Sunday, December 12, 2010

Trumpeter Swan

The highlight of Erika and my trip to Prescott, Wisconsin, were about a dozen Trumpeter Swans asleep on the ice of the St. Croix River in nearby Minnesota.  We noted that most of the swans, and the other waterfowl, rested with their eyes open.
The Trumpeter Swan, our largest native North American waterfowl,  is a restoration success story.  Originally abundant from Illinois (and perhaps further east) to Alaska, by the end of the 1880s, this swan was near extinction.  Although adult birds were tough and tasted poorly, the swans were harvested for their feathers.  Habitat destruction also contributed to their demise. They were gone from Minnesota by 1880.  In 1935, only 69 individuals were censused in the Red Rock Lakes area of Montana, but flocks of unknown numbers also inhabited parts of Alaska and Canada. Due to conservation and restoration efforts, 34,803 wild individuals are now known, and numbers are increasing.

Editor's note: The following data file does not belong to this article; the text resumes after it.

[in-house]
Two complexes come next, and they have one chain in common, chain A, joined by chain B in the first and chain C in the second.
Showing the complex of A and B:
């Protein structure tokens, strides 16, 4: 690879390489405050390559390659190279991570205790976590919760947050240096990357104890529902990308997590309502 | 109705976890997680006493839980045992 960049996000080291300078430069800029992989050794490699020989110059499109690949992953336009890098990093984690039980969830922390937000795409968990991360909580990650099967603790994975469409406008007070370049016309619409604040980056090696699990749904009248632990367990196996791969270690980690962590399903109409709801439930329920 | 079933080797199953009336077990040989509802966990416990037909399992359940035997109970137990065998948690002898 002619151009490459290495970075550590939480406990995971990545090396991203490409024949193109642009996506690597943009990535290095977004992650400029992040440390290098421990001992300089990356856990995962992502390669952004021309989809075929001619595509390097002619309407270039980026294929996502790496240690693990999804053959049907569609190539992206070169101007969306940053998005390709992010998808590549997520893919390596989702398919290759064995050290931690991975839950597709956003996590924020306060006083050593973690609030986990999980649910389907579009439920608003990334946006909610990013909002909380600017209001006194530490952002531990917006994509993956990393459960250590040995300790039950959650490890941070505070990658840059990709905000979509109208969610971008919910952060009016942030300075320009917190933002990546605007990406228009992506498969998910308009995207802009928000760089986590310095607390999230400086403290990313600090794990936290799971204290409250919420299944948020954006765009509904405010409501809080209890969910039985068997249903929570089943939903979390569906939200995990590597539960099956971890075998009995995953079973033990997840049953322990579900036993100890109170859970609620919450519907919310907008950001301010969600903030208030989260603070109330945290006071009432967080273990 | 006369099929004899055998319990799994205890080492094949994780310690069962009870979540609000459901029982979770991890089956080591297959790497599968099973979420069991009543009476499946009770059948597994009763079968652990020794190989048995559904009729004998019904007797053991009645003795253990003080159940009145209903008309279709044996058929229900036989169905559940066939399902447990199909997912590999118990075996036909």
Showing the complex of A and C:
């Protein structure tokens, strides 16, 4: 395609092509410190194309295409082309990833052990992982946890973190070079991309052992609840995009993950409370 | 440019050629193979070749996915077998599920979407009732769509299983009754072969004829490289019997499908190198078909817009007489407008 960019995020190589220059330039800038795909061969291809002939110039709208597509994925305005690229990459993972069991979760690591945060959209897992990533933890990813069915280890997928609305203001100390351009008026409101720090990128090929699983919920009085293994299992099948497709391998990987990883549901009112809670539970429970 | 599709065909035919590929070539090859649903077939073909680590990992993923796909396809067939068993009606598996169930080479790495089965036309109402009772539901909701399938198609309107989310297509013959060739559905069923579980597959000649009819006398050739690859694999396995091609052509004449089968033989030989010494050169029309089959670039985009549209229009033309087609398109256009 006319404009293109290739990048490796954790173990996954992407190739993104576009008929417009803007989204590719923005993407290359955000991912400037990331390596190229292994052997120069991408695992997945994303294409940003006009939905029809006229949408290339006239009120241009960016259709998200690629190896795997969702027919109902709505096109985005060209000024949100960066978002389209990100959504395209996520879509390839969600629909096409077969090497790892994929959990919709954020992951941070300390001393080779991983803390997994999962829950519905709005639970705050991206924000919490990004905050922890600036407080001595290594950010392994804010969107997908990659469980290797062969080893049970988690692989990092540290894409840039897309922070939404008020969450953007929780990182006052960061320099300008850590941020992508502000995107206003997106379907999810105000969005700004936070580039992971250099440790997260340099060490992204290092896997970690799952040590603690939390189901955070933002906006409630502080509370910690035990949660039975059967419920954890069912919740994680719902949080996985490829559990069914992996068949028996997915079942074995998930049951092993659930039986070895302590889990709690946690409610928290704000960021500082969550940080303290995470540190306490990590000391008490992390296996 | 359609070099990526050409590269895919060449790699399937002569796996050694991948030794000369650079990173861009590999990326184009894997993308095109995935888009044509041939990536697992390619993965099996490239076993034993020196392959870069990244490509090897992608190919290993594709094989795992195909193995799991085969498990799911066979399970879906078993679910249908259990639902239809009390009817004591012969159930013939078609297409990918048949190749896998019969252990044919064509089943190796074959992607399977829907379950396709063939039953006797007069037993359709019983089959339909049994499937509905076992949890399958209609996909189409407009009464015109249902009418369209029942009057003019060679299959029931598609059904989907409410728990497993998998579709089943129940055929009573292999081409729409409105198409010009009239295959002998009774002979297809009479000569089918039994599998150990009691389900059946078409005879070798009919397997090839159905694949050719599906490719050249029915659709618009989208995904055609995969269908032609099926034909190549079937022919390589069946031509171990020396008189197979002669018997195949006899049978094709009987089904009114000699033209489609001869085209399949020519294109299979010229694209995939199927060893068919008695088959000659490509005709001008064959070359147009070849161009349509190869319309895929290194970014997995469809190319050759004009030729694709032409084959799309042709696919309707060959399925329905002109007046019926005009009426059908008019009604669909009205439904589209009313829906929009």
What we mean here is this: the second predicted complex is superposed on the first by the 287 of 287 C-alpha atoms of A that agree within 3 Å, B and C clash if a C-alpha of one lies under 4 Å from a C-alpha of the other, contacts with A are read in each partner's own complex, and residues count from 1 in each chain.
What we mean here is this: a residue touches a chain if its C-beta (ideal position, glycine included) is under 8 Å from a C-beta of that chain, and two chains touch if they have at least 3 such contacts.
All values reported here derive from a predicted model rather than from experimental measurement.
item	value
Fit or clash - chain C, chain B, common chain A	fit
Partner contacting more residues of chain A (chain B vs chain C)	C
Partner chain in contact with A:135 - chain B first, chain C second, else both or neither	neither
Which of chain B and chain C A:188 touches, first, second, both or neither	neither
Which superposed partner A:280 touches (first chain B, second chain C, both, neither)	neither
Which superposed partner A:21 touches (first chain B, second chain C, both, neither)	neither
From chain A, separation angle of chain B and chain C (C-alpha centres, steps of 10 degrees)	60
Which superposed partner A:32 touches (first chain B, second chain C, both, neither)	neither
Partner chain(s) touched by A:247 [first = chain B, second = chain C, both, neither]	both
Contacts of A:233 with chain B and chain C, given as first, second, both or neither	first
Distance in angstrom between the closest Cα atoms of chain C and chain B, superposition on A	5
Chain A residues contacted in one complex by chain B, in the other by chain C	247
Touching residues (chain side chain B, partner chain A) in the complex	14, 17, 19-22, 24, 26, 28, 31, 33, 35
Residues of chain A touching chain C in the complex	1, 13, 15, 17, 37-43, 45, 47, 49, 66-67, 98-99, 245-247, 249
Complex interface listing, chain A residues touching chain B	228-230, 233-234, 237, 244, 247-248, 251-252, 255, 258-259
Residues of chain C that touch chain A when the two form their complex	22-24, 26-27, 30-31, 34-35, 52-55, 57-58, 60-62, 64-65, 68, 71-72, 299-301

Restoration in Minnesota began in the 1960s, with birds from Red Rock Lakes released near Minneapolis.  Through the 1980s and 1990s, the Minnesota Department of Natural Resources actively collected eggs from both wild and zoo stock to propagate wild populations of swans.  The first releases occurred in 1987. By 2004, Minnesota populations exceeded 2000 individuals. See The Trumpeter Swan Restoration Project website published by the Minnesota DNR for more details and from which most of this data comes. Kim Eckert in A Birder's Guide to Minnesota, however, warns "this population may not yet be fully viable since it is still being augmented by introductions and is often locally reliant on hand-outs from humans." The species is of regular occurrence in Minnesota, with both migratory and resident populations. Active state restoration programs have also been successful in South Dakota, Iowa, Wisconsin, Michigan, Ohio and Ontario. 
Upon my approach, a few of the swans stood up, preened, and, like this bird, stretched before sitting back down on the ice to continue their nap.  Because Trumpeter Swans are so heavily managed, we were surprised this bird was unbanded.  In any case, a natural down coat and feet adapted not to lose heat must be good things to own during a Minnesota winter.

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